Nick: No that’s good. That’s good stuff. I’m glad to hear that you’re an evangelist for blogs because I’m also in that camp as well. I love the blog medium and the good news for business owners of course is that it’s so easy to get into blogging with systems like WordPress out there which is for free. You probably may need some help to set it up the first time but after that it’s fairly easy, fairly intuitive to get in there and just start using it.

Steve: One other thing on top of that, and yes, my heart just skipped a beat when you mentioned WordPress. I have a strong love affair for that. In fact my default position if anyone is looking to build a website these days is if it’s in WordPress, unless you’ve got a really good reason otherwise, I think she’s seeing some figures of the top million websites on the planet and 68% of them are in WordPress. I would have, that is a staggering figure.

It broadens out to about 1 in 5 when you take the whole internet, but in the top million websites, that is a big chunk. Anyway, I digressed – there was something you mentioned there I was going to react to, about WordPress being, oh yes, the other thing about blog articles in they’re easy to share because most WordPress and other blogging software and content management system software does make it easy, if I like an article, to flick it on to someone I know, through my Facebook friends, through my Twitter friends.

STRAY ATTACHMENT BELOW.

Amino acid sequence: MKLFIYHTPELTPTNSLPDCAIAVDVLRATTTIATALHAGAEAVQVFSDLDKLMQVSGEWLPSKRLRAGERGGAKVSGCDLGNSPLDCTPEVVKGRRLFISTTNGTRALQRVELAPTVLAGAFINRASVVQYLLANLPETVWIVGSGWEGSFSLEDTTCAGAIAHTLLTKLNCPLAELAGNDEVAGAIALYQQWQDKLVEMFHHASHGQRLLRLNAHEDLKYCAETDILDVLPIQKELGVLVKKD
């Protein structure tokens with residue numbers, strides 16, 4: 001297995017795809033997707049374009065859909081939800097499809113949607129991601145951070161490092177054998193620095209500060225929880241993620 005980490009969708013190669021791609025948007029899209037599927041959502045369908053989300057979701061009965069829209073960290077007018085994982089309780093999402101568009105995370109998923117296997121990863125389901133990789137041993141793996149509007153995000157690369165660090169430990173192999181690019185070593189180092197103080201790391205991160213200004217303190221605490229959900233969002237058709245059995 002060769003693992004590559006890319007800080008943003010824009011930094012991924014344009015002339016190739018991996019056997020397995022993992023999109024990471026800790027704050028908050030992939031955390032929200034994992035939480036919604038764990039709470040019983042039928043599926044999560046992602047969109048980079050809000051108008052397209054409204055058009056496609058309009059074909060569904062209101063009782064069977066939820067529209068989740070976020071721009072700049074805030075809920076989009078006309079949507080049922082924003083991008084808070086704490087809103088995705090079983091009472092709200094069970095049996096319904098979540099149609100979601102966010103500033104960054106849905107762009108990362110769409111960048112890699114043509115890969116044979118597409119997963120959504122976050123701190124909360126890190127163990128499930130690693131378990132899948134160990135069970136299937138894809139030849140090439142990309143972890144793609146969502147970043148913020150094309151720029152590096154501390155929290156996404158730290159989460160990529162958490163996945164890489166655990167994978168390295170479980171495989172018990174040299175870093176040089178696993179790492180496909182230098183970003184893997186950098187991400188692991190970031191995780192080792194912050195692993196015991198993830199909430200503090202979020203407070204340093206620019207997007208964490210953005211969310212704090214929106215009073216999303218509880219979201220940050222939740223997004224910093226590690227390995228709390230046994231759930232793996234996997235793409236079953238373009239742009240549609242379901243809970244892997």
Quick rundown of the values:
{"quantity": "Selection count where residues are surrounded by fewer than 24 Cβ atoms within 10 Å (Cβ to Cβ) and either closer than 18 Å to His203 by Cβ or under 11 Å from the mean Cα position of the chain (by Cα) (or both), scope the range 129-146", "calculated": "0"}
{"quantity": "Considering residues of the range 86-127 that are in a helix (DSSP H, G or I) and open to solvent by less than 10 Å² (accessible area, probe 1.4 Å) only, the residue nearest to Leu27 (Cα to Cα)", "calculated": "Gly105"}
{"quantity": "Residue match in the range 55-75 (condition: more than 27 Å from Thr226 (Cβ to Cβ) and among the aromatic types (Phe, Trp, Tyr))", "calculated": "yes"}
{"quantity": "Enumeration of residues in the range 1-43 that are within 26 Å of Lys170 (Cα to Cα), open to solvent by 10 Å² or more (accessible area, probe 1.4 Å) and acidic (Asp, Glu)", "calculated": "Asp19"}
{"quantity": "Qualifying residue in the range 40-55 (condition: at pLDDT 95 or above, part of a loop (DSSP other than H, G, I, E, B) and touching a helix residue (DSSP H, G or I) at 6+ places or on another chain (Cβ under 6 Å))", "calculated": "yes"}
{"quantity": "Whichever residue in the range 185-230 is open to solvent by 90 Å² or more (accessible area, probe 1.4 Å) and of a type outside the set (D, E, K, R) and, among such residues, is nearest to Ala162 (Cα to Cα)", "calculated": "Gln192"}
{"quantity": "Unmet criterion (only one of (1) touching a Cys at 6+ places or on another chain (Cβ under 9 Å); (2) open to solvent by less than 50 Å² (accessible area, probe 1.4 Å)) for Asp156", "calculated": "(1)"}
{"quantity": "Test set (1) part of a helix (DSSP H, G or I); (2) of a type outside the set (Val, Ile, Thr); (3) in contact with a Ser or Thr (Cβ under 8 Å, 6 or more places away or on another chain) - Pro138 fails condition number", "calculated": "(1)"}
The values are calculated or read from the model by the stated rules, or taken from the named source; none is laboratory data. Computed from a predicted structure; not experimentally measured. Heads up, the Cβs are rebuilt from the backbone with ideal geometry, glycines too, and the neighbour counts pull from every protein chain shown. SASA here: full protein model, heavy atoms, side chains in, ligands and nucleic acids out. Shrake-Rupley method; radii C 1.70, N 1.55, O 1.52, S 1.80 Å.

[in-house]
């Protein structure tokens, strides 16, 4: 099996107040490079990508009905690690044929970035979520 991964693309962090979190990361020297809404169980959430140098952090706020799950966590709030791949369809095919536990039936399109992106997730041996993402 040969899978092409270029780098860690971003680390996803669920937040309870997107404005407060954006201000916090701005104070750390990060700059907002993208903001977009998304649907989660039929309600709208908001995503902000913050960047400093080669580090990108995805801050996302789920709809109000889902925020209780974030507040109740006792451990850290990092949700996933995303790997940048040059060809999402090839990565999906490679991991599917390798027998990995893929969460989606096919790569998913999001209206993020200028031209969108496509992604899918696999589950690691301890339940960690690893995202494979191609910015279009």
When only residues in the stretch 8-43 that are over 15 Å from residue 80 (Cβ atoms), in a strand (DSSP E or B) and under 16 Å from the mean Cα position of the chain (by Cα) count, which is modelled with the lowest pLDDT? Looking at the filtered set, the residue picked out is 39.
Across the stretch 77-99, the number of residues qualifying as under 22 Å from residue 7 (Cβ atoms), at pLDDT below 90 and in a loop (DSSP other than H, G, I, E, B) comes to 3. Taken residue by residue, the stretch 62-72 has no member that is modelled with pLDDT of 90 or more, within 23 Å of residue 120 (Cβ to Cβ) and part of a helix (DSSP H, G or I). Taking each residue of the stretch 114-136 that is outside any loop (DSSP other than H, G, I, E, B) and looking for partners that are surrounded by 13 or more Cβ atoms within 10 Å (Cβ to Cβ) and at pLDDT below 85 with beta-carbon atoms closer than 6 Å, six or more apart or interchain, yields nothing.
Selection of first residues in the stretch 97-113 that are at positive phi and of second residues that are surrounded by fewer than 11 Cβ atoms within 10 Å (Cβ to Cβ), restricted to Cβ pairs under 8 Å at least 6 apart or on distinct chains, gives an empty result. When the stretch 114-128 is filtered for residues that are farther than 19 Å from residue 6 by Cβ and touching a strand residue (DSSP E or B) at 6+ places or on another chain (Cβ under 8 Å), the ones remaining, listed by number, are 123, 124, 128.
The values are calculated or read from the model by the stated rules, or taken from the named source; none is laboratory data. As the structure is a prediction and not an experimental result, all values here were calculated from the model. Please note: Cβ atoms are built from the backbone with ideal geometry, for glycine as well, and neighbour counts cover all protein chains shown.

And in fact, I heard an article, sorry I read an article, must be about 3 or 4 weeks ago now, with one of the top marketers with Coca-Cola who was saying that the absolute key to success in marketing online these days is to make everything you do shareable and to me, I read 2 things from that. Shareable is I’ve got to like it. It’s got to be interesting in the first place otherwise, it’s not going to be shareable and secondly in some way, in some sort of format that can be flicked on through my network.